Proposition 8 Oral Arguments

I managed to watch the oral arguments on overturning Proposition 8 this morning, and I found them fairly interesting, if ultimately disappointing. It left me with the fairly strong impression that the existing marriages will not be invalidated, but that the ban on same-sex marriage will stand as it is. Robert at Calitics has a discussion/prognostication post, on which I have commented, but I wanted to expand a little here.

Personally, I thought that it was unclear which way both Chief Justice George and Justice Corrigan were leaning, although the chief justice was clearly taken aback by Kenneth Starr’s argument that even the right to free speech could be taken away by initiative amendment. On the arguments in favor of overturning the amendment, I thought Therese Stewart was the most convincing. On the other hand, I found the argument advanced on behalf of the attorney general to be entirely unconvincing, a view that appeared to be shared by the court. Additionally, it appeared that Christopher Krueger was unprepared.

As an aside, Mr. Starr, the appropriate title for any attorney general or, in this case, senior assistant deputy attorney general is not ‘general’. ‘General’ is an adjective modifying the noun attorney, which is why the plural is attorneys general not attorney generals. I would think a man of your experience would know that.

On the upside, I do think the court’s decision will ultimately establish some standard indicating that changes to fundamental rights are a revision, rather than an amendment, to the Constitution, even if they find that the changes made by Proposition 8, which were repeatedly described as limited to the term ‘marriage’. This will have to be viewed as a win for minority rights in general, which will be a poor, but valuable, consolation prize.

Interesting items:

  1. Justice Chin was very interested in the possibility of directing the state to ‘get out of the marriage business’ as a way of reconciling equal protection with the prohibition on same-sex marriage. I personally think this is a viable and reasonable solution. I’ve always favored the French system where the civil marriage and the religious marriage are performed separately (traditionally the wedding party walks from the town hall to the church for the religious service). I don’t think the other justices were really on board with this idea, nor did the various attorneys seem prepared to answer the question of whether the court could so order in this case.
  2. Most of the justices asked whether the arguments in favor of overturning the amendment amounted to ‘it is too easy to amend the Constitution.’ I honestly think the correct answer is ‘no’, which I believe Ken Starr’s argument in favor of radical majoritarian rule tyranny make starkly clear. However, it is too easy to amend the Constitution and initiative reform needs to be on the agenda for any constitutional convention.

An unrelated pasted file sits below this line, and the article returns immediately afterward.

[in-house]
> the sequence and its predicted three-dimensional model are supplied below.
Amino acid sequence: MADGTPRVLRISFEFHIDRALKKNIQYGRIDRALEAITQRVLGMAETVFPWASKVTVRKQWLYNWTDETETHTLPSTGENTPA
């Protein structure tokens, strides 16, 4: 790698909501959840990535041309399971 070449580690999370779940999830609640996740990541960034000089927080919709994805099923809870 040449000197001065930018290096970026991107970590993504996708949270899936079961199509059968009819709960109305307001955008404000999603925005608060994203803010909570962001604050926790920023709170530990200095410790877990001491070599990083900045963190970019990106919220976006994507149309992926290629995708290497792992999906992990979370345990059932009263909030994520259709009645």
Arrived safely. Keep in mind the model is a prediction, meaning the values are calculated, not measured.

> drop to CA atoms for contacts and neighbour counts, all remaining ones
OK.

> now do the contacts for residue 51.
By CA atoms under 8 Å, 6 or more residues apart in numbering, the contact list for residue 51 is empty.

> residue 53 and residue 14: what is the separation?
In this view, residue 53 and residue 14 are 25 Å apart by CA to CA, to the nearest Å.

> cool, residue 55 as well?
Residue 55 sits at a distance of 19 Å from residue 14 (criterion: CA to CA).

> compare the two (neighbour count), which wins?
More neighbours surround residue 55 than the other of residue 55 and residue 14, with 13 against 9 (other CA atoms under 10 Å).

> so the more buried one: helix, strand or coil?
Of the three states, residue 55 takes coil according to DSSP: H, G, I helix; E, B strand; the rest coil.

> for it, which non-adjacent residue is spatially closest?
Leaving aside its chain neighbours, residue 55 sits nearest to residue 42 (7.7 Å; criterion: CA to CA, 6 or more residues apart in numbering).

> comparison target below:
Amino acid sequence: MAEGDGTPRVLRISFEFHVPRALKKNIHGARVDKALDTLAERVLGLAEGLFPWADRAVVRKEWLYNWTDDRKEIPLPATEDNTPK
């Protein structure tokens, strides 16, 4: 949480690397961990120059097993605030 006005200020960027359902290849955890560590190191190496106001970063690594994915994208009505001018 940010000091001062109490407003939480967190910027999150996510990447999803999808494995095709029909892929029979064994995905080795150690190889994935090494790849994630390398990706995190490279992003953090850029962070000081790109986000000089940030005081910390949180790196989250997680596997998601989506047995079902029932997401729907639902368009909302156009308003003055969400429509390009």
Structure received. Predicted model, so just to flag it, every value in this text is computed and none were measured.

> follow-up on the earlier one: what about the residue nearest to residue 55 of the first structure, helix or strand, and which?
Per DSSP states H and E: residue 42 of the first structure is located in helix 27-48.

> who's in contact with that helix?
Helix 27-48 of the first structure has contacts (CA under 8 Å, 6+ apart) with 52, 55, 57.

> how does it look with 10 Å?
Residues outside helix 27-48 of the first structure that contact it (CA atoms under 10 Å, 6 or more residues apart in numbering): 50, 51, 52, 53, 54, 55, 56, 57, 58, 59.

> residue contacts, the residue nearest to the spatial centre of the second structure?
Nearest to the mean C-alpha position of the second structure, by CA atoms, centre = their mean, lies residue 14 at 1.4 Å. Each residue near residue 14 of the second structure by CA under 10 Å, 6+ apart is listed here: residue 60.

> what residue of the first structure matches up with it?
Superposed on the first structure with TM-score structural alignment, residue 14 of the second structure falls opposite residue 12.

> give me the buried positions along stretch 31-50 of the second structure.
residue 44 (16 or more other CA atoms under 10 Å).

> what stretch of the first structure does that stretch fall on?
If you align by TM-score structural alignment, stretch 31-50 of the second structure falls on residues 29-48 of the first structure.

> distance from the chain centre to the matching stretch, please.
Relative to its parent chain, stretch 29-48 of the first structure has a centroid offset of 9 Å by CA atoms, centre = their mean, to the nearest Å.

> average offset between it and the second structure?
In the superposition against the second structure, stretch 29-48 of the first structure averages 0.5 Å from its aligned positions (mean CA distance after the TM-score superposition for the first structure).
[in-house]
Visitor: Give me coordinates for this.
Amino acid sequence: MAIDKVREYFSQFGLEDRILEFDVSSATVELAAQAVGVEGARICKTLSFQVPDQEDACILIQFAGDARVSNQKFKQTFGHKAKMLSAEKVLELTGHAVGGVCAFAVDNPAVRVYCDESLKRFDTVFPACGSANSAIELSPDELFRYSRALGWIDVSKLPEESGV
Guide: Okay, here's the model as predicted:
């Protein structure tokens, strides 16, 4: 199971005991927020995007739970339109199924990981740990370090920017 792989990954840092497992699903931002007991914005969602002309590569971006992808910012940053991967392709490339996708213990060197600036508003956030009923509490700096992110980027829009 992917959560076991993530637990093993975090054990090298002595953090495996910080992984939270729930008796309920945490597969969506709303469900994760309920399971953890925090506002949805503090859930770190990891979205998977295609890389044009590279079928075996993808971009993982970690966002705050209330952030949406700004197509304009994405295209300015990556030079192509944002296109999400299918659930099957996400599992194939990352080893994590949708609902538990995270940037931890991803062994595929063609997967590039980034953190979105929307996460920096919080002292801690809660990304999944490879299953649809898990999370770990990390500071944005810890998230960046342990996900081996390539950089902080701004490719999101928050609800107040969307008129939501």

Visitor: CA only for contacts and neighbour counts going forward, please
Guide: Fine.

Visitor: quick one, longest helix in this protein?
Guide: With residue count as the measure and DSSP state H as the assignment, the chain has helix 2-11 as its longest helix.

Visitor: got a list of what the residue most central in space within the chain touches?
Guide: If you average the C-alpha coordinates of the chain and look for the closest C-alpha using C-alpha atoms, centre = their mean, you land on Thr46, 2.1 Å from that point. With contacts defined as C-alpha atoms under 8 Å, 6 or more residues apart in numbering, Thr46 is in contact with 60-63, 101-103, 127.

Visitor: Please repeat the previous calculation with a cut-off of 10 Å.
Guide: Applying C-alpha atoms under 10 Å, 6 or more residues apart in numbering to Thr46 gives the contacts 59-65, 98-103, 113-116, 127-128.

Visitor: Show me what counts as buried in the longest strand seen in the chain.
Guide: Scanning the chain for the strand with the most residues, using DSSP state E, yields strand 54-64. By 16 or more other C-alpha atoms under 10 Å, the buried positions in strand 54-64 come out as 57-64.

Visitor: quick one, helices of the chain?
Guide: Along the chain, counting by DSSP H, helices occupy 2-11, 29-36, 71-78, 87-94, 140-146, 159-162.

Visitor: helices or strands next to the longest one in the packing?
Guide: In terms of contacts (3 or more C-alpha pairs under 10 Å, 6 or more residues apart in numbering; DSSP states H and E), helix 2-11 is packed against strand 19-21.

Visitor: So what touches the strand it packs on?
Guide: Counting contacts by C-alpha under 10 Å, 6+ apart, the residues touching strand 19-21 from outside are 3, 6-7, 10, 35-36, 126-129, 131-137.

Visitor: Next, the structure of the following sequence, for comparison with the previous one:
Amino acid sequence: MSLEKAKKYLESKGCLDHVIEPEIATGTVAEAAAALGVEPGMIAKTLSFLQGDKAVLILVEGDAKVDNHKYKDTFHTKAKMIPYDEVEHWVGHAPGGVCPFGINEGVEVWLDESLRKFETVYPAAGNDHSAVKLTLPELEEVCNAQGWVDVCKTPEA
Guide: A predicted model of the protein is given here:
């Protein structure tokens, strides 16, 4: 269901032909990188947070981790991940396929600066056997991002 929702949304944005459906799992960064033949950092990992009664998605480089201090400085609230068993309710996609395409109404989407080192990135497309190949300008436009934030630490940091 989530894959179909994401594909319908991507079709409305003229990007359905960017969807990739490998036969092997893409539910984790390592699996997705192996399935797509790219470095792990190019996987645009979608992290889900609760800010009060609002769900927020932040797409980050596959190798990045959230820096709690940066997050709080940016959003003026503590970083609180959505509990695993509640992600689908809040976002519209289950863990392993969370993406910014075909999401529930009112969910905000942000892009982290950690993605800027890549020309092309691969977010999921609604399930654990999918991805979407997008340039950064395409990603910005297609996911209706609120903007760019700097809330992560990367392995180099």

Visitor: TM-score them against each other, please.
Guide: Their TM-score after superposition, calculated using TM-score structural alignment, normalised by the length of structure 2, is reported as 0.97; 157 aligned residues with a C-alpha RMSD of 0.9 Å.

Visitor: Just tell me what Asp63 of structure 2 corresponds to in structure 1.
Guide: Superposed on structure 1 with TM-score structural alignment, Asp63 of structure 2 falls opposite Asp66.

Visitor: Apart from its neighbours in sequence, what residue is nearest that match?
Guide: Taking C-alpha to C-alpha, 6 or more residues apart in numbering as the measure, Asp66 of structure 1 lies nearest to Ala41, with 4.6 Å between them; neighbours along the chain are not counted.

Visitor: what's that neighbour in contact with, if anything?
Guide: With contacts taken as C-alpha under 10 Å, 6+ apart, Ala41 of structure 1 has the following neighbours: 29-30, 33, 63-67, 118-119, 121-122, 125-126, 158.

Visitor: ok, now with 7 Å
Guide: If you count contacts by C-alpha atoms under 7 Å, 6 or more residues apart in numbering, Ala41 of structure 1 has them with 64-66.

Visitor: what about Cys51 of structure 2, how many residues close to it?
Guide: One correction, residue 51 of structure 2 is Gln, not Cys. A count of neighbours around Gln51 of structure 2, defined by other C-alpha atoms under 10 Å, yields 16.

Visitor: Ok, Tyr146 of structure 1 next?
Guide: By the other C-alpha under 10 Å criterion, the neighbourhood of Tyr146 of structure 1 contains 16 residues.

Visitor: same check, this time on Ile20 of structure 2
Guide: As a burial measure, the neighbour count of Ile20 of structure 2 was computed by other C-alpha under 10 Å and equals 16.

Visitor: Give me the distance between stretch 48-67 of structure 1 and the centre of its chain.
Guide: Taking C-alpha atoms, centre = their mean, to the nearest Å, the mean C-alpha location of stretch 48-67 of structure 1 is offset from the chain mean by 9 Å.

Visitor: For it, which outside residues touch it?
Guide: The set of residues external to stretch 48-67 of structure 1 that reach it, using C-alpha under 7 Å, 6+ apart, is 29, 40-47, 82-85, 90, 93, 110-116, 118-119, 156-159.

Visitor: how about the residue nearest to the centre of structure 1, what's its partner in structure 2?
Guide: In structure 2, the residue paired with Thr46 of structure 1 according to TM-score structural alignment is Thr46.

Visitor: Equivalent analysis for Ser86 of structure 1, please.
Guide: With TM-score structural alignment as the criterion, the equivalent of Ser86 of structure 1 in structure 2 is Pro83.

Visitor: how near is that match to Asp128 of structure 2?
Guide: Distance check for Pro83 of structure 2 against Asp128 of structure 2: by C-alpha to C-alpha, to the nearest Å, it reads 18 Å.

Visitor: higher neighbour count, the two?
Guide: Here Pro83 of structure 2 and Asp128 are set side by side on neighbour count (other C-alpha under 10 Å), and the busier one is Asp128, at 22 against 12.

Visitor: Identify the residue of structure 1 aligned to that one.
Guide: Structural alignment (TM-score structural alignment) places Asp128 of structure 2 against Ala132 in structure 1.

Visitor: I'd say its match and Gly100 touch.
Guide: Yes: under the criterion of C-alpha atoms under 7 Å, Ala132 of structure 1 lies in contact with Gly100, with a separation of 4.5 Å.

3. The Chief Justice seemed especially concerned with the question of whether an amendment adding a right to the Constitution should also properly be a revision, if Proposition 8 is a revision. The attorneys in favor of overturning Proposition 8 gave conflicting answers to this question, and I didn’t think any of them gave a particularly good one. My personal response, having had time to think about it, facing no pressure, and having read none of the briefs or precedent, would be that the language of Article 1 Section 1 clearly allows for unenumerated rights, and that therefore enumerating a right can properly be an amendment in that it adds to the Constitution within its general scheme and framework. It did not come into existence, it merely became enumerated. Proposition 8, on the other hand, does more than simply unenumerate a right (for example, striking the word ‘privacy’ from section 1 after which there may still exist the right), it affirms that for same-sex couples there is no right to marry.
  4. Justice Kennard’s accent and manner of speaking is kind of enthralling.

There will be a decision in 90 days. In the mean time, I think I’ll focus on the fight against the spending cap.

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2 CommentsLeave a comment

  1. I enjoyed reading your take on the Prop 8 oral arguments. I am not as optimistic as others that Justice Corrigan might change sides, so to speak, and vote to overturn Prop 8, but it was encouraging that she of all the justices questioned along the lines of a principle. The principle, that stripping a fundamental right from a suspect class constitutes a revision to constitutional equal protection guarantees, seems reasonable enough to me, though Art Leonard in response to a comment on his website pointed out that even that might be too up for interpretation to carry 4 votes.

    And by the way, “General” is ubiquitously used to style solicitors and attorneys general. I don’t know why, but I’ve listened to and read enough oral arguments transcripts to know that that’s what is said. So for all the many other reasons Dean Starr was mistaken during oral arguments, including his referring to J. Chin as Justice Ming (a mistake he made twice when sitting on a panel on the California Court moderated by J. Werdegar), he was correct in referring to “General Krueger”.

    • “General” may be used as a term of address, but that doesn’t mean it is used properly. I’ll point to this article by William Safire. That said, I did pretty much mention the usage as a cheap shot at Dean Starr, rather than any radical devotion to grammar.


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